I marched at San Francisco Pride Parade

How does a Christian get to march in a gay pride parade? In my case I have been working on LGBT inclusion in United Methodist churches for two years. I received an invitation from Reconciling Ministries Network about an opportunity to walk with the delegation from Glide Memorial UMC.

When I replied to the invitation I received a response from senior pastor Karen from Glide Memorial. “Hey, join us for the 9 AM service, and you can march with us afterwards!”

On the day of the event when I arrived at Glide Memorial I noticed their homeless food service located at the first floor of their church. I realized the priority of their service to the homeless population because that is the first thing you see when you approach Glide Memorial. Some churches have beautiful entrance ways, but Glide’s food service facility looked more beautiful in my eyes.

I experienced an energetic praise music based worship service. The population in the church was a good representation of the city center: Black, White, Asian, young people, older families, gays, and straight. They accepted everyone, and on that day they celebrated the arrival of marriage equality, which they have been praying and working for a long time.

How about the march itself? Imagine 26,000 people marching down San Francisco’s Market Street, cheered on by a crowd 100,000 people strong. I felt so much love and joy from the marchers and on-lookers alike. I waved both of my arms to welcome the crowds, not embarrassed at all. I was just happy to be there.

In my group of people from Guide Memorial UMC there were a number of marchers that I remember mostly clearly. One was a female transgender marcher who walked, skipped, and struck up poses showing her muscular features. God made her female and this was her displaying that she was wonderfully made just as well as the rest of us! I also remembered a gay couple that had me tearing up by just marching contently holding hand in hand. Their commitment was not at all second class in my eyes. These are real people who fortunately found a spiritual home that they can claim as their own. They are my brothers and sisters as well.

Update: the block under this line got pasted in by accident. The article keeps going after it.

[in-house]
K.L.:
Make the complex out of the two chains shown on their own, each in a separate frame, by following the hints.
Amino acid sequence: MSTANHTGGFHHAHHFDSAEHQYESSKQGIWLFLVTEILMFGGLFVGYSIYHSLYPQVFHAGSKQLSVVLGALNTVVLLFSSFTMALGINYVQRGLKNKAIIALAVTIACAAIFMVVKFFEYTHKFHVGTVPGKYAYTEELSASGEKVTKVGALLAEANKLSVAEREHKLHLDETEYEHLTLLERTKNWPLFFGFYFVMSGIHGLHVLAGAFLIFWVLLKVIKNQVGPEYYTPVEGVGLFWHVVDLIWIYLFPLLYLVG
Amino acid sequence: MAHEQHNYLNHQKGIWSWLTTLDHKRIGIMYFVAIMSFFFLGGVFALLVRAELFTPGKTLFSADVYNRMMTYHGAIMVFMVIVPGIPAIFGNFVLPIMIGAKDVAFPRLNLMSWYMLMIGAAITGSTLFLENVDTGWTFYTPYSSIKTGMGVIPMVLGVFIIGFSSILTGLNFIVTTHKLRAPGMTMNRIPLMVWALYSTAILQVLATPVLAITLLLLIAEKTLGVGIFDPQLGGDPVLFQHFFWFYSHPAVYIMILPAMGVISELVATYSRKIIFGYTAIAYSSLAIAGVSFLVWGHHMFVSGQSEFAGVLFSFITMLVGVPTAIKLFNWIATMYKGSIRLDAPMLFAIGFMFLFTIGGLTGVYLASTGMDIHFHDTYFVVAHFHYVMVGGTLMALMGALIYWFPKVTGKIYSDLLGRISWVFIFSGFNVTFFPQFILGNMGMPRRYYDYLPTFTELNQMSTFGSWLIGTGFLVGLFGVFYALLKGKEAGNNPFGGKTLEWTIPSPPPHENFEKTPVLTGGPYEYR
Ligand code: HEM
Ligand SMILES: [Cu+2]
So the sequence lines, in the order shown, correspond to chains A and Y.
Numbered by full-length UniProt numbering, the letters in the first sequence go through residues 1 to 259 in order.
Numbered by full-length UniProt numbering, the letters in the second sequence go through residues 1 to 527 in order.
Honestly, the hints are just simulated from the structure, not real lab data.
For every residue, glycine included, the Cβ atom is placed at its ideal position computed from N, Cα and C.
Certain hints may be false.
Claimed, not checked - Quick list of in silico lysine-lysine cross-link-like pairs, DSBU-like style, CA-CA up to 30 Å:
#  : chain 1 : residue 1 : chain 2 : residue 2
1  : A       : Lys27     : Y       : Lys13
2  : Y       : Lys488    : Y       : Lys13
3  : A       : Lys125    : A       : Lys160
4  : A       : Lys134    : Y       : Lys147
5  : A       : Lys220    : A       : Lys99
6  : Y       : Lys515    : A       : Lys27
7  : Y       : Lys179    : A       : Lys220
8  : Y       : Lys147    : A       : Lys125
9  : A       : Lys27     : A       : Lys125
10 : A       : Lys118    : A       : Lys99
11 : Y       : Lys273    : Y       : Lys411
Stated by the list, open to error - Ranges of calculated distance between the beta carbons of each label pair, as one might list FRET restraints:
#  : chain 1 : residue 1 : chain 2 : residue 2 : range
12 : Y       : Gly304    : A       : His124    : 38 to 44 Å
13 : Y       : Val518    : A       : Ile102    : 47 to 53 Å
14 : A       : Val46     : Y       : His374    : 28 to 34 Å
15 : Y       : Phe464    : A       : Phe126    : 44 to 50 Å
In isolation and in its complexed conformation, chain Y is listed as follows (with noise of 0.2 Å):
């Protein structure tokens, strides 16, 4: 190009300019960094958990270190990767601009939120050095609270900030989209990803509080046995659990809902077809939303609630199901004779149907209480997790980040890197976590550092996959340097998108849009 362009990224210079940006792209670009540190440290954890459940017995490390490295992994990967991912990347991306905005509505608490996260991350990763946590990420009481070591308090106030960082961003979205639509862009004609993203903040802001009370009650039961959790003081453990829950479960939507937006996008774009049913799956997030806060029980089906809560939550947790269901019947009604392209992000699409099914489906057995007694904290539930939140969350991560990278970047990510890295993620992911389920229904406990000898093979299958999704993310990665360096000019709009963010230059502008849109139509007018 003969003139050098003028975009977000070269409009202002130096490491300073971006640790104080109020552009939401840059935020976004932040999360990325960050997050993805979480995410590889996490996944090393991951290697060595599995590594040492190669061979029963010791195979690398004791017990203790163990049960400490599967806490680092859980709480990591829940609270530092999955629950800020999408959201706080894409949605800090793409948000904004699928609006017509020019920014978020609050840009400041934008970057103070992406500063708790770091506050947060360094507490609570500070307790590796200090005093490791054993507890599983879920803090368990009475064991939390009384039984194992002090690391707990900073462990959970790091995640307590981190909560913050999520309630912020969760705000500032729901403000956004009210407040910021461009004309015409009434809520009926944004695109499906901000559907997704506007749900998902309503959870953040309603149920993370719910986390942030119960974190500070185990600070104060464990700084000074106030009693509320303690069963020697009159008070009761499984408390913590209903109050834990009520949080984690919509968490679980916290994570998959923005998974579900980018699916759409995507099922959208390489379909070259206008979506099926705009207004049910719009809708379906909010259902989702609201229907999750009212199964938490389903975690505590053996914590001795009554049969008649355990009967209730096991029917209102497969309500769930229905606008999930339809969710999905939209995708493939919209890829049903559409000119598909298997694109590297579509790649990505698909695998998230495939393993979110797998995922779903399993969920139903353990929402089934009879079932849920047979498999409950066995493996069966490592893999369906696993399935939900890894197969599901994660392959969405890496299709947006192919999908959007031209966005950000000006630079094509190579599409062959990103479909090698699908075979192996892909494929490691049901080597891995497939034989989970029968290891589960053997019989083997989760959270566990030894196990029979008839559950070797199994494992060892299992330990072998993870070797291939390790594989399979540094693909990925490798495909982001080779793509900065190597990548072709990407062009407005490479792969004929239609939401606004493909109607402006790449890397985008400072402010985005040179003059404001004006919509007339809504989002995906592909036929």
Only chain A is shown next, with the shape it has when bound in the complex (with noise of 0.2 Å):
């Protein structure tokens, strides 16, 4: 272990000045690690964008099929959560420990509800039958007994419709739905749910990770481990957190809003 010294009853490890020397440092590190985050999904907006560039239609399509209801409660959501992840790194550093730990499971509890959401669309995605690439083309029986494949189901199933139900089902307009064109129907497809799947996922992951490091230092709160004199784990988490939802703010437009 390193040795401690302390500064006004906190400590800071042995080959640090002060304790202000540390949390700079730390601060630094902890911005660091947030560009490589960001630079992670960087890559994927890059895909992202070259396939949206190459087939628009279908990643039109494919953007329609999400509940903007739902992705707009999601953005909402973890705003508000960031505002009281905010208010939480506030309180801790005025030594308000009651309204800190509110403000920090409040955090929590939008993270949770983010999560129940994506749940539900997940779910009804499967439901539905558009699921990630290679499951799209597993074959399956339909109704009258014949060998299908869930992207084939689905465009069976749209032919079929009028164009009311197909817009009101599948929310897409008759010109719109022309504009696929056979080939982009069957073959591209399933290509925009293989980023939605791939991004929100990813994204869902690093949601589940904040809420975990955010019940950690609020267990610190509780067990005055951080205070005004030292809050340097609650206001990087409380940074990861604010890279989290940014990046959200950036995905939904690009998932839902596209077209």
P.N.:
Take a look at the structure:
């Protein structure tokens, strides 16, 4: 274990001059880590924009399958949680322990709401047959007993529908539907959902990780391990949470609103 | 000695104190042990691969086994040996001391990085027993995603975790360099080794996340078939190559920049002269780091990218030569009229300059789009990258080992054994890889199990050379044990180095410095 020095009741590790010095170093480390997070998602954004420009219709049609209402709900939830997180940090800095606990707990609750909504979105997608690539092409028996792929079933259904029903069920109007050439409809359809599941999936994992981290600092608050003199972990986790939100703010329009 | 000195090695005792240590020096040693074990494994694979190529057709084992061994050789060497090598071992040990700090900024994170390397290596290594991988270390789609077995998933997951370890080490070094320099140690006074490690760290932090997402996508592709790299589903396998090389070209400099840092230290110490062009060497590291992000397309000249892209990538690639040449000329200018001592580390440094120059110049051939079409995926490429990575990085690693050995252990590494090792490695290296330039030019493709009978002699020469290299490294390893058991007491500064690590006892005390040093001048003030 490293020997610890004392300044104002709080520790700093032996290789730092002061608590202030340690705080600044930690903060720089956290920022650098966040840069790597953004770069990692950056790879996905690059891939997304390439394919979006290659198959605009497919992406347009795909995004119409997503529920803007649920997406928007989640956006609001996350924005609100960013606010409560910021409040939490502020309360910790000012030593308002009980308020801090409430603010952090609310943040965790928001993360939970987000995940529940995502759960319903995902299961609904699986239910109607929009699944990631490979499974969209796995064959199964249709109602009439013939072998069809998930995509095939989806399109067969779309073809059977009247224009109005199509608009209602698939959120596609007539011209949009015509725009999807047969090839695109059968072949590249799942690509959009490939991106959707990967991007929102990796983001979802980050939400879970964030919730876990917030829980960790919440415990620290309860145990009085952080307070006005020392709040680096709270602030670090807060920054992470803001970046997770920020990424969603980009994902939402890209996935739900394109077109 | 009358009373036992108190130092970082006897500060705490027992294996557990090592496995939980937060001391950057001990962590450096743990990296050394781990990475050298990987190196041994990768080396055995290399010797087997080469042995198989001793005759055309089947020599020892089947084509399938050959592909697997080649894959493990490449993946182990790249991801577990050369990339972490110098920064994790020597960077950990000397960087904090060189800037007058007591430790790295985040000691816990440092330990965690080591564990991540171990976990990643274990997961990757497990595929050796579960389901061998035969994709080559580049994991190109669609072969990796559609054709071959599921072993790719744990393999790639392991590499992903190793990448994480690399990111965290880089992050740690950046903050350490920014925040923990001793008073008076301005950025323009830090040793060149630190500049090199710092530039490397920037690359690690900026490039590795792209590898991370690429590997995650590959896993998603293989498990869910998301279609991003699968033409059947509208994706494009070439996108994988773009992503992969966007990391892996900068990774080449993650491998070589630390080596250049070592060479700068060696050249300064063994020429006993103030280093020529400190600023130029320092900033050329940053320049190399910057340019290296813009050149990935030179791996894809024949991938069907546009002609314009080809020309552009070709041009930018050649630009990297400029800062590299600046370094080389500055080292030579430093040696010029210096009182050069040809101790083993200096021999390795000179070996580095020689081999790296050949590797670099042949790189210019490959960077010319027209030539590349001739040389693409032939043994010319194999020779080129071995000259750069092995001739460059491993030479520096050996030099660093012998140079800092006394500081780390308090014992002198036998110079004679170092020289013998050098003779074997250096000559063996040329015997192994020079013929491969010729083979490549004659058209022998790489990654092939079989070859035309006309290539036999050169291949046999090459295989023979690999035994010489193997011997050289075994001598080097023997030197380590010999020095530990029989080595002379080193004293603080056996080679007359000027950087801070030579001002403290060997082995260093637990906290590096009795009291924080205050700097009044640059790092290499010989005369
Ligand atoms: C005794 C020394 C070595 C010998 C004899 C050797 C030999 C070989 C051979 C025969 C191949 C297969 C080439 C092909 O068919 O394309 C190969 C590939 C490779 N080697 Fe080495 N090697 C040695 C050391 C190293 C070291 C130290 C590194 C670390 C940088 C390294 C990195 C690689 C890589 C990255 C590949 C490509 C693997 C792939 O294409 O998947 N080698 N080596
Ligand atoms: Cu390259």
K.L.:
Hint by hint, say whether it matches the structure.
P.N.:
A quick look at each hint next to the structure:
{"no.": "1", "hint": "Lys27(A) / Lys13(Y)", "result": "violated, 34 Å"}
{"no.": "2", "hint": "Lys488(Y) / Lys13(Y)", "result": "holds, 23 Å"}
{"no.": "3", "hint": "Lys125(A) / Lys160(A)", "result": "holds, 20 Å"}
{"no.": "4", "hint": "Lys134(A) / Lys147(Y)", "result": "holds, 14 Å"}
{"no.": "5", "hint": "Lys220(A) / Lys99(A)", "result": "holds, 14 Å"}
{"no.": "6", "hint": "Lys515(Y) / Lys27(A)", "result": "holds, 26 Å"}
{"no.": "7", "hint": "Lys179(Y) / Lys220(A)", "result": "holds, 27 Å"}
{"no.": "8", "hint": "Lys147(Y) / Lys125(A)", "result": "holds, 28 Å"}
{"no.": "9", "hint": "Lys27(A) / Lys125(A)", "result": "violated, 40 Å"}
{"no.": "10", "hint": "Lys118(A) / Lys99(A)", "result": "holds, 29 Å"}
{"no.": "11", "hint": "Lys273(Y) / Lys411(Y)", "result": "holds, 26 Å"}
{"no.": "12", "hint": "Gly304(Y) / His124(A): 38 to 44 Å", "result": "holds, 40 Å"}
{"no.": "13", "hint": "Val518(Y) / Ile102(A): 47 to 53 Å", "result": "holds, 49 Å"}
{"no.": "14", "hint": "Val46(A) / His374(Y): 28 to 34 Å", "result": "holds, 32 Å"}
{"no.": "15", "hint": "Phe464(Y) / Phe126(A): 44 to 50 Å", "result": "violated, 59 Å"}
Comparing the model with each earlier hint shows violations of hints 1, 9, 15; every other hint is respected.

I was grateful for the Pride march, for it healed a lot of my pains. I have carried some of the pains suffered by LGBT people within me when I started working for the inclusion of LGBT people in our churches. We will have heartbreaks and tears, but never forget the joyful occasions as well !

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Waiting Three Hours for a Church Service

(All names were changed, as usual.)

Last Sunday I had a small group church meeting in the afternoon. When I was ready to leave I noticed there was a lady sitting by the curb side of our church parking lot. I thought I recognized her, and I approached her for a greeting. Indeed it was Elaine sitting there. Elaine is a homeless person that has visited our church service once before. She was one of our clients from our Church’s outreach soup kitchen. She told me that she was waiting for the start of our evening service, which had three hours of waiting time!

I was very impressed by her patience. She had no radio or IPad to pass the time, but she could enjoy the nice weather of a comfortable California afternoon. When I paused to talk to her, I did notice the pleasant weather. Had I dashed off to my next appointment as I usually do then I would have missed this experience.


(Photo by Adrian van Leen, Creative Commons public domain license)